By Attorneys Robert L. Reeves and Joseph I. Elias
The June 2007 visa bulletin just issued by the Department of State shows a significant change in the availability of employment-based visa numbers. Specifically, the Employment Based-3rd preference (EB3) category jumped forward for most countries from August 1, 2003 to June 1, 2005. The “Other Workers” category went from being completely unavailable to October 1, 2001.
The EB3 category is one of the broadest categories that includes accountants, bookkeepers, chefs, carpenters, financial analysts, management analysts, programmers, software engineers, registered nurses, physical therapists, etc. This category is defined as one that requires the minimum of two years of post high-school education, specialized training or qualifying experience to be eligible for this category, but not more than a bachelor’s degree and five years of experience. “Other Workers” are occupations that require less than two years of education, training or experience such as caregivers, certified nursing assistants, child monitors and housekeepers.
Starting on June 1, 2007, a foreign worker in the US in the EB3 category with an approved labor certification filed before June 1, 2005, may apply for adjustment to permanent resident status. Filing for permanent residency entitles foreign workers and their dependents to work authorization within three months of filing. Many applicants will also be qualified for an advance parole travel document allowing for multiple re-entries into the US while their adjustment is pending. Qualification for travel documents is a complex process requiring an analysis of unlawful presence and the 3 and 10-year bars that needs an evaluation by an experienced immigration lawyer.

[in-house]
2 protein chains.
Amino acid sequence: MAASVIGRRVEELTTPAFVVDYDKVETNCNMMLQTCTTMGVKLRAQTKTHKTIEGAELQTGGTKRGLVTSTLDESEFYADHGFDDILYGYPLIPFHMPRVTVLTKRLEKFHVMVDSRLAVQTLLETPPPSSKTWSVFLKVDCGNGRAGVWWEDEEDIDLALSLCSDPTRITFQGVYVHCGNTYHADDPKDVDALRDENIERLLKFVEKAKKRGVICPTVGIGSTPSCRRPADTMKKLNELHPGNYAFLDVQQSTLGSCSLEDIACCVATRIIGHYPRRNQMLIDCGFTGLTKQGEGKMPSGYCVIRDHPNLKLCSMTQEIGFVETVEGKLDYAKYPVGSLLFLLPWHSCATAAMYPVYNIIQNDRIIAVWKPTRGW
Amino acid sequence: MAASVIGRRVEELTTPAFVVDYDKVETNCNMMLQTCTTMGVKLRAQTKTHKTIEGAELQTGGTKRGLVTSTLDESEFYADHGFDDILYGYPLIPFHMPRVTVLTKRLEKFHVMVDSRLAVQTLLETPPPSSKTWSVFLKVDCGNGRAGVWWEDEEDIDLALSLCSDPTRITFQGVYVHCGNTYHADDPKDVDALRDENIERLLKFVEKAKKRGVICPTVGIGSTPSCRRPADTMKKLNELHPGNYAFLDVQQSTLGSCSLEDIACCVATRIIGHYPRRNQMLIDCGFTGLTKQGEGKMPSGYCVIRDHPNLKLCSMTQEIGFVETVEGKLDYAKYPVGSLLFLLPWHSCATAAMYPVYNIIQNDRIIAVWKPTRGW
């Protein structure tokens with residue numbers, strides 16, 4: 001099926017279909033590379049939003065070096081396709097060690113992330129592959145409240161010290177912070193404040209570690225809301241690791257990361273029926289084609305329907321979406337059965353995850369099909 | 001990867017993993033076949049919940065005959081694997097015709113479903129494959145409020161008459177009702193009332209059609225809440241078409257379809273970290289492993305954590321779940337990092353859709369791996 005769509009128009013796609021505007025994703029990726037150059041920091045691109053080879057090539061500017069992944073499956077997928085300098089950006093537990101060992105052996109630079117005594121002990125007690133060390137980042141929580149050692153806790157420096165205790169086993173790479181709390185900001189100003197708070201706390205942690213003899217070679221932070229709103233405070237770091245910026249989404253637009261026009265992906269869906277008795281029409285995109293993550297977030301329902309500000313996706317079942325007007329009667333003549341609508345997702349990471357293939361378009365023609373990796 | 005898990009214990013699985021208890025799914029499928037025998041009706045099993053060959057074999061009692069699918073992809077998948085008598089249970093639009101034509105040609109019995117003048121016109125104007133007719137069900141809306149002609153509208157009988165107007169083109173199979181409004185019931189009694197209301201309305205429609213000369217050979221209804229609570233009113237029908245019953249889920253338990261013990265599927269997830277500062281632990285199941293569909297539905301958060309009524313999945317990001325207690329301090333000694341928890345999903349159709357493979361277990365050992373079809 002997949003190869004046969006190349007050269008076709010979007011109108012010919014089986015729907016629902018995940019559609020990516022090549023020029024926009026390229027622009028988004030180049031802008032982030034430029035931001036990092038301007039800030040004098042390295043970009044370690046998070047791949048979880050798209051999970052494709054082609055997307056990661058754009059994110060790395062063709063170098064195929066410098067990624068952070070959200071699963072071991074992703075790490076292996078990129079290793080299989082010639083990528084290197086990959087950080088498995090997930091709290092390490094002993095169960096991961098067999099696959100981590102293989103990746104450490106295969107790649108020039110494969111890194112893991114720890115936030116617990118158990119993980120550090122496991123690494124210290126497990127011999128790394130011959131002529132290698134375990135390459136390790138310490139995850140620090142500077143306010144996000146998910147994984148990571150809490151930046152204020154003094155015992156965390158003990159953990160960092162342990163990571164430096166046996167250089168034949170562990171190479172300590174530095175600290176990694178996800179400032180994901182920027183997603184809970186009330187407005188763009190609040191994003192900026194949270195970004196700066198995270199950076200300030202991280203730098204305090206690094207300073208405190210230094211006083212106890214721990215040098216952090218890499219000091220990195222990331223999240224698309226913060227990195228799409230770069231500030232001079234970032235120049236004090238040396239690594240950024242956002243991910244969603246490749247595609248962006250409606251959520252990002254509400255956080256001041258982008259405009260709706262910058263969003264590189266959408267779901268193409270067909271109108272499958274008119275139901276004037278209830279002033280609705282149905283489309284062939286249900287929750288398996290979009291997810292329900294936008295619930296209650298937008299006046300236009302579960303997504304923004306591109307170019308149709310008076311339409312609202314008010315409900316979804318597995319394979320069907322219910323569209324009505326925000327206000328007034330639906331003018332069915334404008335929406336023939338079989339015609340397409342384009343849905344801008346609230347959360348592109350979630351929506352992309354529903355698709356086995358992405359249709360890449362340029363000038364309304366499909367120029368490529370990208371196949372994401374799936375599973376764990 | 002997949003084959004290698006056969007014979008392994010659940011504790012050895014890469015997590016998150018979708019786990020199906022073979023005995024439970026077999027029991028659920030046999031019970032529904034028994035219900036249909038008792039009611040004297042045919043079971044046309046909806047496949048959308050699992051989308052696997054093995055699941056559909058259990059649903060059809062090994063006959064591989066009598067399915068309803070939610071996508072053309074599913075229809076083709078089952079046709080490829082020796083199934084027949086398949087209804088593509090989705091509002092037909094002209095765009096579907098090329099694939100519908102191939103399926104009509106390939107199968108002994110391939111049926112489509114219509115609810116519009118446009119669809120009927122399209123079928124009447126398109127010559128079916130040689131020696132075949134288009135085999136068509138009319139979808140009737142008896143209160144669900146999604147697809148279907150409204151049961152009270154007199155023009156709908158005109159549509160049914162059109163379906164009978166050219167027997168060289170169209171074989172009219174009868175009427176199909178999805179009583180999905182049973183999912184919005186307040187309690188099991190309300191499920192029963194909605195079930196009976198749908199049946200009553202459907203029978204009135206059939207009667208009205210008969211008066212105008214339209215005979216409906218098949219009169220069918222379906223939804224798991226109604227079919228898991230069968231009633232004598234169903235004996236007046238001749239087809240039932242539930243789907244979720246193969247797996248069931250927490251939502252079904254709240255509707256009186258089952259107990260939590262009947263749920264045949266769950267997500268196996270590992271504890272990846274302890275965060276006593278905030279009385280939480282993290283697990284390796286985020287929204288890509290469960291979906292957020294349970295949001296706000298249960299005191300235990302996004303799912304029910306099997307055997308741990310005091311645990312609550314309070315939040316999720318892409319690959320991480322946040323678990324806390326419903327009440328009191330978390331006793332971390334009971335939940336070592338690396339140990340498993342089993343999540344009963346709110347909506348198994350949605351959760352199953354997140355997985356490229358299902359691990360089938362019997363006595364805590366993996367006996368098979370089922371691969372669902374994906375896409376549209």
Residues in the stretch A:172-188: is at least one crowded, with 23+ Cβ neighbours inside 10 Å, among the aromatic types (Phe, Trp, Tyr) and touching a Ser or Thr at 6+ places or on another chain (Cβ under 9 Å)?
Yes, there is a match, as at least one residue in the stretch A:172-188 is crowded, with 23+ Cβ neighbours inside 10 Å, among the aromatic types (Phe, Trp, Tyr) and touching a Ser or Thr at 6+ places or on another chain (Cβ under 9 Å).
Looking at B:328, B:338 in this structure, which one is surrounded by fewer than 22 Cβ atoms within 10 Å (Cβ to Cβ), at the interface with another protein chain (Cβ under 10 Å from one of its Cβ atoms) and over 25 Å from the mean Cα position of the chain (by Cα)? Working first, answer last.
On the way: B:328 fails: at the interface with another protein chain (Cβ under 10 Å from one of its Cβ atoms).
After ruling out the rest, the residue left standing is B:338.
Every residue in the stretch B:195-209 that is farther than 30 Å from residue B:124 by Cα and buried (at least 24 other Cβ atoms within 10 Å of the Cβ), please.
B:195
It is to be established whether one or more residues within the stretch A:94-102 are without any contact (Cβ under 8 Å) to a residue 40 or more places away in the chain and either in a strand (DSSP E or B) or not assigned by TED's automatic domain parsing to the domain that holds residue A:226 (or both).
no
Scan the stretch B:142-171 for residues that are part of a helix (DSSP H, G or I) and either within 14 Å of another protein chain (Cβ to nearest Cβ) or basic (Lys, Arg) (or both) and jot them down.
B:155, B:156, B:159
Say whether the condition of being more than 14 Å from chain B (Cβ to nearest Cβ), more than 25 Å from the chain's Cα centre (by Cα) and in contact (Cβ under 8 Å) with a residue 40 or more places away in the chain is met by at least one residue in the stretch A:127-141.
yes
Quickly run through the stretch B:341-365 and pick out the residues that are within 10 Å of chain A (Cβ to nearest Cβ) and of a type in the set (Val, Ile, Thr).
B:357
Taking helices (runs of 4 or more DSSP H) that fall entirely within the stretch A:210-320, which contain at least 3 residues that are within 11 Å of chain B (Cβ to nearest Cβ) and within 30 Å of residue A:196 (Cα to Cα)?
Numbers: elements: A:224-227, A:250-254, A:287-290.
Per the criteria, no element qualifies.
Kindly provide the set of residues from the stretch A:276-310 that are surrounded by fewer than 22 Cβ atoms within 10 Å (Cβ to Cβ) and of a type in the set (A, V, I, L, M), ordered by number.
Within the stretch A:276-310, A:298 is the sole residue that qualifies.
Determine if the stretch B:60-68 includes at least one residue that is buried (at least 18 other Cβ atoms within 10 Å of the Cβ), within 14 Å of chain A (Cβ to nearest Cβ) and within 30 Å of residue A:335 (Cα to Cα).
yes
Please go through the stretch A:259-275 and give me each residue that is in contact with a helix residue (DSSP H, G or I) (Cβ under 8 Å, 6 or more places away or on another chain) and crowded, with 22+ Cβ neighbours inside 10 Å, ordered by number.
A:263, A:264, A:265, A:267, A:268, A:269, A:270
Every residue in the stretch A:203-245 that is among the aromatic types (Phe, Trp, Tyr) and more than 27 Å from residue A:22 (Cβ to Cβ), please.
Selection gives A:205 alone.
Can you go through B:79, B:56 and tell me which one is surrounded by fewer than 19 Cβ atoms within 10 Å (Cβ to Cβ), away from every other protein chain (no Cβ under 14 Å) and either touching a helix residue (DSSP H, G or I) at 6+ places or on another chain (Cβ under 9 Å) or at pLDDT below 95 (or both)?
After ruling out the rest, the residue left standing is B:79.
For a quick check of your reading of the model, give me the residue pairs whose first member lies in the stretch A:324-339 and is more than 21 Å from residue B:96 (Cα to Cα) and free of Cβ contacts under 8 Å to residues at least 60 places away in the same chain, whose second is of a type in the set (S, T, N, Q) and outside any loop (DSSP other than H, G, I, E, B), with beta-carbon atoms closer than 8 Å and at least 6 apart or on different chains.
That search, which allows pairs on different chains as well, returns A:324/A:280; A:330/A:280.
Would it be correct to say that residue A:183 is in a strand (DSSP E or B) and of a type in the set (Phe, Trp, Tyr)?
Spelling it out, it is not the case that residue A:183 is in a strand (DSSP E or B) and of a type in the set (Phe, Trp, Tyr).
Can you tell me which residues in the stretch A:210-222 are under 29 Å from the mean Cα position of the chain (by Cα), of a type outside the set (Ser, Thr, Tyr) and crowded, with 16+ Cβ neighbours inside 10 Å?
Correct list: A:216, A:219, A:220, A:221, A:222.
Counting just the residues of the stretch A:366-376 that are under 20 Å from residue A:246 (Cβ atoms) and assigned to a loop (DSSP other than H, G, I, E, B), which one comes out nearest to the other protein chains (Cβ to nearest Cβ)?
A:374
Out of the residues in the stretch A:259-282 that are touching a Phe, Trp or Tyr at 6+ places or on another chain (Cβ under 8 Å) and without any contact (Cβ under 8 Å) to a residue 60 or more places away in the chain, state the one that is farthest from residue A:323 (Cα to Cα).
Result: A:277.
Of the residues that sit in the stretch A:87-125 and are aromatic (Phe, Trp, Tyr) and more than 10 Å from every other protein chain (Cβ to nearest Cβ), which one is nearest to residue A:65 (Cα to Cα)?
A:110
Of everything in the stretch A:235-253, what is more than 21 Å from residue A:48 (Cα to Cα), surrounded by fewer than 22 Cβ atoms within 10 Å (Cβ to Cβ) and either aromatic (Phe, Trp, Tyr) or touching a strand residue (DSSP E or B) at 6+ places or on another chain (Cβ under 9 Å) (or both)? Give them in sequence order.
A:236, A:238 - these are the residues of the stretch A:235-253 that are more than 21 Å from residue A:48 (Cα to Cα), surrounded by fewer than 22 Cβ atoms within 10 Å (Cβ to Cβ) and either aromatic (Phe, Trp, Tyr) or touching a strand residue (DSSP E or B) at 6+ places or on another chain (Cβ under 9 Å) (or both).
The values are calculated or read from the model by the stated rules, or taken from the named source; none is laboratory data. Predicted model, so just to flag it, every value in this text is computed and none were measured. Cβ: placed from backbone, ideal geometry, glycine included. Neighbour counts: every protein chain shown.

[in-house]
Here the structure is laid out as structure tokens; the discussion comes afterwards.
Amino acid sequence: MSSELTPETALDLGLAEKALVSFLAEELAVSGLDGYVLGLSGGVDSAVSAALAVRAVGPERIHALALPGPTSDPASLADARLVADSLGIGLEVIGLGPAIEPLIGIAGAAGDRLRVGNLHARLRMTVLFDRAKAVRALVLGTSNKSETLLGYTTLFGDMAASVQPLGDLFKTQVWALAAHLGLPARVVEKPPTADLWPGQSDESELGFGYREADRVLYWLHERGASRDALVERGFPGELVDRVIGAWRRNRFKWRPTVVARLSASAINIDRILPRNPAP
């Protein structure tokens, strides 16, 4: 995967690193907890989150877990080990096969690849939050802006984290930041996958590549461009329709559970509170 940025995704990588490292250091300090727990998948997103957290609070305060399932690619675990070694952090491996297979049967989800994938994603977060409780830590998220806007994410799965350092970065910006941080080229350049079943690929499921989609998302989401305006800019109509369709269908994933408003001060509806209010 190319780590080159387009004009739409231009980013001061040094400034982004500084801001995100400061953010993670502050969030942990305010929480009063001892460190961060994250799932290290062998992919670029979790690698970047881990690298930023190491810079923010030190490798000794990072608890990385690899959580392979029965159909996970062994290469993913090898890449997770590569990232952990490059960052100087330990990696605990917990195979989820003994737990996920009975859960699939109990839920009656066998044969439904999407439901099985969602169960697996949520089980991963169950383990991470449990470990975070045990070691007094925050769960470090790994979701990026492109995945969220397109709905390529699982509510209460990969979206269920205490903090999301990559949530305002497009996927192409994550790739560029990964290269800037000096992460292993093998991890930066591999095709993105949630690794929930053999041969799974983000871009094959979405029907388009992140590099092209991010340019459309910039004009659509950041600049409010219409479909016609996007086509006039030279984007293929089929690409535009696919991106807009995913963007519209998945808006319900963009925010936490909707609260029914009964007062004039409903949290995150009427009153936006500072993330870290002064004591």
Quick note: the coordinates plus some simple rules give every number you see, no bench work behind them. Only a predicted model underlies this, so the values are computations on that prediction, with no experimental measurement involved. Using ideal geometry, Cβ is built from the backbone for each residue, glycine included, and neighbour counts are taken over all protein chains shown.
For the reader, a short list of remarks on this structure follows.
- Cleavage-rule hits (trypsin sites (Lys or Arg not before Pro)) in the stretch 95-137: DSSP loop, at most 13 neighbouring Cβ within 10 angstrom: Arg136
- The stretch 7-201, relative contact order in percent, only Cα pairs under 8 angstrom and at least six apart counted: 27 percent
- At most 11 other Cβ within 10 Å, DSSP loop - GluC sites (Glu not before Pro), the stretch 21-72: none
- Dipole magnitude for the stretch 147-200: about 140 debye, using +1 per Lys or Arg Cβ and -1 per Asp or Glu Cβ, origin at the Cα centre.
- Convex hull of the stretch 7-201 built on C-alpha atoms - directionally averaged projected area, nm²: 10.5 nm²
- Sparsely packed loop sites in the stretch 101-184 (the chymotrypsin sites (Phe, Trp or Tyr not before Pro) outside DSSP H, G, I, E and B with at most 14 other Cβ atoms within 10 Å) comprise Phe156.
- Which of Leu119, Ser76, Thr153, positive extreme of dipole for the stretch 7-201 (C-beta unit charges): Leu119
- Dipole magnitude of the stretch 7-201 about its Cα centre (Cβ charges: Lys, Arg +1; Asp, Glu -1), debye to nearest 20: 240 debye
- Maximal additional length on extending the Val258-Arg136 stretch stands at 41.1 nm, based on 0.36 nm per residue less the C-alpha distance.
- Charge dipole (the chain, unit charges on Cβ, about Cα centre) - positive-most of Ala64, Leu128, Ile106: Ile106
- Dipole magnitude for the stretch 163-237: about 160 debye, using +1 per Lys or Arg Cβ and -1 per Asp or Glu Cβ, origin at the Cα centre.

The Department of Labor’s Backlog Elimination Centers (BECs) are now completing the processing of most pre-2005 labor certification (LC) applications. R&A is receiving a substantial increase of approvals from the BECs. Starting on June 1, LC beneficiaries in the EB-3 category may concurrently process their immigrant visa petitions and adjustment of status applications. The “Other Workers” LC recipients that have been waiting since 2001 or earlier may also file for permanent residency.
EB-3 foreign workers outside of the U.S. with approved LCs may also begin consular processing in June if they have a priority date earlier than June 1, 2005. It may be advisable for LC holders with a current priority date to file their immigrant visa petitions under the USCIS’s expedited processing to ensure an approval within 15 days. Once the USCIS approves the case, the National Visa Center can then begin scheduling interviews at a foreign consulate.
Applications should be filed as quickly as possible because visa numbers may retrogress in upcoming months. Retrogression is not uncommon and it may result in several months or even years of delay before an adjustment application can be filed again.
If visa numbers retrogress, the USCIS cannot grant permanent resident status. It does however, keep the case on hold and the USCIS will continue to renew work authorization and, in some qualifying cases, travel authorization. This means the foreign worker and family members will be able to continue working without interruption while they wait for a visa number to become available.